Taylor Kitsch, in the title role, fits the part well, as does Lynn Collins as Carter’s love interest Dejah Thoris. For his first time directing a live action film, Andrew Stanton shows he's just as capable working with people as with Pixar creations.

SXSW 2012: Shorts Preview, Part Two

in

Glazin

This second part of my SXSW shorts coverage takes a marked musical turn, including a number of music videos, a short with no dialogue, and an adaptation starring Luther Campbell of 2 Live Crew. In case you missed it, you can go back and read Part One.

Christeene: African Mayonnaise (Music Videos)
If you're not familiar with Christeene Vale, this latest music video from the outrageous Texan drag queen is a great introduction.  Performing first in the mall, she is chased out by a mall cop on a Segway and then moves on to other recognizable Austin locations. This is the most in-your-face drag queen you're likely to find, and I only hope I'm fortunate enough to witness a live performance at some point. Directed by Austin filmmaker and cinematographer PJ Raval.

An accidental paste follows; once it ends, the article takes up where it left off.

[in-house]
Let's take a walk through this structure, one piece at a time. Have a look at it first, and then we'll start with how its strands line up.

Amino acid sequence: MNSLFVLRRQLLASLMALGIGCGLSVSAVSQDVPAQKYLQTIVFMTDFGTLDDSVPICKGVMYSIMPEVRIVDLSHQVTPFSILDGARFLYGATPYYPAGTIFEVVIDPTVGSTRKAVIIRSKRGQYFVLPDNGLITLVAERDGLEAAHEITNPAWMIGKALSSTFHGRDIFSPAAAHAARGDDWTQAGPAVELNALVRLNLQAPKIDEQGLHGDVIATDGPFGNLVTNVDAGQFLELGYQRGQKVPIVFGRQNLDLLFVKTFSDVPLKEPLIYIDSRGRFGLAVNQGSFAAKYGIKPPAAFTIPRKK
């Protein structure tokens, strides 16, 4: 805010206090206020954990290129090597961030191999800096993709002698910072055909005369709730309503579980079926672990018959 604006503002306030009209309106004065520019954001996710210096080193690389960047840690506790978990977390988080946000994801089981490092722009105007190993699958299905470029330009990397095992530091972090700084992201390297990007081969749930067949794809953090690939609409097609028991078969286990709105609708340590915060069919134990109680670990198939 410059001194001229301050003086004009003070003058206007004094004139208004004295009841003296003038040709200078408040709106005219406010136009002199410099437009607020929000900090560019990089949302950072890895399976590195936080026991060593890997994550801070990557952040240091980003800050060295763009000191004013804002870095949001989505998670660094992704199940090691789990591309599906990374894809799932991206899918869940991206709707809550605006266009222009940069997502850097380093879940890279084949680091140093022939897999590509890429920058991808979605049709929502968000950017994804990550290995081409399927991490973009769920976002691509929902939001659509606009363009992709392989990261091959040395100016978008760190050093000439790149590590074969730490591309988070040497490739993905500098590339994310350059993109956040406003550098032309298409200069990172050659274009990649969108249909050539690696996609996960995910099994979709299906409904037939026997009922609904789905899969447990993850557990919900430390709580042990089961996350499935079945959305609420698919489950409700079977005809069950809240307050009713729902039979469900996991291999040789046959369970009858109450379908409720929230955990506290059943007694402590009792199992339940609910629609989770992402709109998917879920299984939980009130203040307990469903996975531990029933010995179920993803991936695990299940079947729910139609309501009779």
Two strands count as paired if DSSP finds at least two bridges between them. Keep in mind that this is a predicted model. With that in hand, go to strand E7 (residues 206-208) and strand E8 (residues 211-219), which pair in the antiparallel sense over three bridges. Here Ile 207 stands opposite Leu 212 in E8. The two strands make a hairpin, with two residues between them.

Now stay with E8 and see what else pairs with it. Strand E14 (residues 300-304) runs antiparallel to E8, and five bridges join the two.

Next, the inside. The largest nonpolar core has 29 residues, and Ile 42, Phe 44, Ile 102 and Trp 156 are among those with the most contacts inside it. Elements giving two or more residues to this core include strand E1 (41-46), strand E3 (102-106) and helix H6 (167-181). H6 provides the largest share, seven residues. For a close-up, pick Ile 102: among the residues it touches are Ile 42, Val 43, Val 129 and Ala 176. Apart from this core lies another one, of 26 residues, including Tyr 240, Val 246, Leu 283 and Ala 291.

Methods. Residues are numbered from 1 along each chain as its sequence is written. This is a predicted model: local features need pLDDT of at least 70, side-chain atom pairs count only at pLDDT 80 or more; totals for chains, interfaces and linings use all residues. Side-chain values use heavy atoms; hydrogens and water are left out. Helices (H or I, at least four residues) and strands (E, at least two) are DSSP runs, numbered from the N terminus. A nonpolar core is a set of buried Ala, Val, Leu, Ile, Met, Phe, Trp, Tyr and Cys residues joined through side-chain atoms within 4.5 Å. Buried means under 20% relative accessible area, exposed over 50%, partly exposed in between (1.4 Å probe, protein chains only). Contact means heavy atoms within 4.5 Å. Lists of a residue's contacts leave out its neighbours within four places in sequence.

Knife (Texas Shorts)
Rich, immersive sound mixing is integral to this short, which tells a story without the use of dialogue. An unsettling tone is enhanced with a beautiful original score. Written and directed by Fort Worth filmmaker James M. Johnston. Edited by DFW-area filmmaker David Lowery, whose SXSW 2011 short Pioneer was produced by Johnston.

SXSW 2012: Shorts Preview, Part One

in

Tumbleweed!SXSW starts tomorrow, and one of the best parts of the festival is the shorts program, a perennial favorite. I've pre-screened a number of this year's excellent entries, and here is part one of my pre-fest short film coverage.

Tumbleweed! (Texas Shorts)
Wow! Offbeat, whimsical, and completely delightful. Tumbleweed! is an inspirational story of a tumbleweed that refuses to tumble. This seven-minute short is the kind of little nugget that makes the shorts program a must-see. Very loosely set in Texas.